Its that time of year again.
Earnings season is upon us and, by just about every estimation, companies are due to report lackluster results on the top and bottom line.
Here's what you need to know via our Macro team in a note sent to subscribers earlier this morning:
"With 39 S&P 500 companies having reported Q1 earnings to date, sales growth is down -1.1% year-over-year and earnings growth has slowed to -11.8% year-over-year -- which would be the worst annual growth rate of the cycle if it holds through the rest of reporting season. Declines are being led by Materials (-34%), Tech (-20%) and Financials (-17%).
Compounding matters is the 25-30% spread between pro forma and GAAP, which continues to be reflected in a rising economy-wide debt-to-free-cash-flow ratio. Specifically, that ratio just reached 4x in 4Q15, which is the threshold it breached in 3Q07 on its way to peaking at 4.6x in mid-2008. We reiterate our view that neither the corporate profit nor credit cycles have seen their respective depths."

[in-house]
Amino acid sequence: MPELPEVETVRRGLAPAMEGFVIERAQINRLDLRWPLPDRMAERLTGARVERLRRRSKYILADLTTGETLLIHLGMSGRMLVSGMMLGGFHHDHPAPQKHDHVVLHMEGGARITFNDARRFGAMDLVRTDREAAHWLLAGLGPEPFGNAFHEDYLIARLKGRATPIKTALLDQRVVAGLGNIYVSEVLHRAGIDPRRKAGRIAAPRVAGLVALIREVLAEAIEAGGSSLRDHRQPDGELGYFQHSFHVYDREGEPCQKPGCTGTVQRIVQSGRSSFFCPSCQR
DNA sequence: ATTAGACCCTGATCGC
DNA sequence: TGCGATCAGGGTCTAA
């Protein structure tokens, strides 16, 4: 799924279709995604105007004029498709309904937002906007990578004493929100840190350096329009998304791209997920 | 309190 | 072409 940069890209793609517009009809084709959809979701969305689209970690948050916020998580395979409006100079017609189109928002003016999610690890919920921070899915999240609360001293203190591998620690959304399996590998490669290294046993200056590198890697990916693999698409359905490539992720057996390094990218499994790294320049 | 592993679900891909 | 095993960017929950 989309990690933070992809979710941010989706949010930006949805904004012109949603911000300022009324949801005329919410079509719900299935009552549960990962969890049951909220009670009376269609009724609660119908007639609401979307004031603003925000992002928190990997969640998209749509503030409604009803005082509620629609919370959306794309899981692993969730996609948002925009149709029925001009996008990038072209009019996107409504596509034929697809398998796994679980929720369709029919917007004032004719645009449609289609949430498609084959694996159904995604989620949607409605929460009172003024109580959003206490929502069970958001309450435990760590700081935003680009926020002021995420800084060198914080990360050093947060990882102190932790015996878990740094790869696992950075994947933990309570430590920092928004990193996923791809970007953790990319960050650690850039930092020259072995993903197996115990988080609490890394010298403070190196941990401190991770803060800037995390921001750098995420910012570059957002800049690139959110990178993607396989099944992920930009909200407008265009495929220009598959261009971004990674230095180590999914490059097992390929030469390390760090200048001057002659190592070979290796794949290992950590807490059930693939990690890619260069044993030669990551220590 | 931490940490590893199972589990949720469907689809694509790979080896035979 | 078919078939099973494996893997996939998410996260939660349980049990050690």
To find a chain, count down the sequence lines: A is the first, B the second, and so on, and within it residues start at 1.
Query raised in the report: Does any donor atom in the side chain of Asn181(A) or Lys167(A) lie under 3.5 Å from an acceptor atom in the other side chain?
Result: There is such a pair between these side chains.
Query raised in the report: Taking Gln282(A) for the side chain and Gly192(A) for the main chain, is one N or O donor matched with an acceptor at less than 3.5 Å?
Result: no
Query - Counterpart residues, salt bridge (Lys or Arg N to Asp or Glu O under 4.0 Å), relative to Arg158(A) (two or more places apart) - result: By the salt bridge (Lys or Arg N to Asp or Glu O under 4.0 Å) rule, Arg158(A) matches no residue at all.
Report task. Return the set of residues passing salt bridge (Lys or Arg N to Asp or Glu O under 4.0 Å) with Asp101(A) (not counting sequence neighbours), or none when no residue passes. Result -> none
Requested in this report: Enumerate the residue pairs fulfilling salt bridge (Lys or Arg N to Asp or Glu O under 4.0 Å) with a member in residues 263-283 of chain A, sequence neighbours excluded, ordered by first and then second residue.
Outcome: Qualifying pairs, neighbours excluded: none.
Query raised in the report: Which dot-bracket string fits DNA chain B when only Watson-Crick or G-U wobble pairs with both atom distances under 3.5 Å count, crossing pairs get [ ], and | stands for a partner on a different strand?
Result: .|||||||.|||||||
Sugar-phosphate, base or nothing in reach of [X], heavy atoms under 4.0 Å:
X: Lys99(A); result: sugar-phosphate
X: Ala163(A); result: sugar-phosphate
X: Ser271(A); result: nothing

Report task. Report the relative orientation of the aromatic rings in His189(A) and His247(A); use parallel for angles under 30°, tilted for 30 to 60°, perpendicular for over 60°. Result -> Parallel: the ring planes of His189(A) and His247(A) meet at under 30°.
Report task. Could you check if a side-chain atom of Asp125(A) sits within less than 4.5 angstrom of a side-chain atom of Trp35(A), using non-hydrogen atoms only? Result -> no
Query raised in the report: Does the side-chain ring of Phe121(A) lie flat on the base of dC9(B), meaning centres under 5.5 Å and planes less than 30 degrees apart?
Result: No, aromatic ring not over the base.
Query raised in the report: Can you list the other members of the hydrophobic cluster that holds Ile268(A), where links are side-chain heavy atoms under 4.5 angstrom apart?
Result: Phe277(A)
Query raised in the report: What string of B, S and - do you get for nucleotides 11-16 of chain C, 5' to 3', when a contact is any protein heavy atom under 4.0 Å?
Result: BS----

If the current earnings data holds, this would be the third quarter of contracting corporate profits.
WHY IT MATTERS
Our Macro team continues to highlight that when corporate profits decline for two consecutive quarters or more the S&P 500 declines by at least 20%.
Click chart below to enlarge
Performance? Where We're at...
In spite of truly ugly S&P 500 earnings in the last couple quarters, equities have rallied significantly off the February lows. However, this doesn't change our market views. We remain steadfastly bearish. Even with the recent pop, our favorite sector longs (Utilities, XLU) & shorts (Financials, XLF) continue to outperform. Here's the year-to-date scorecard: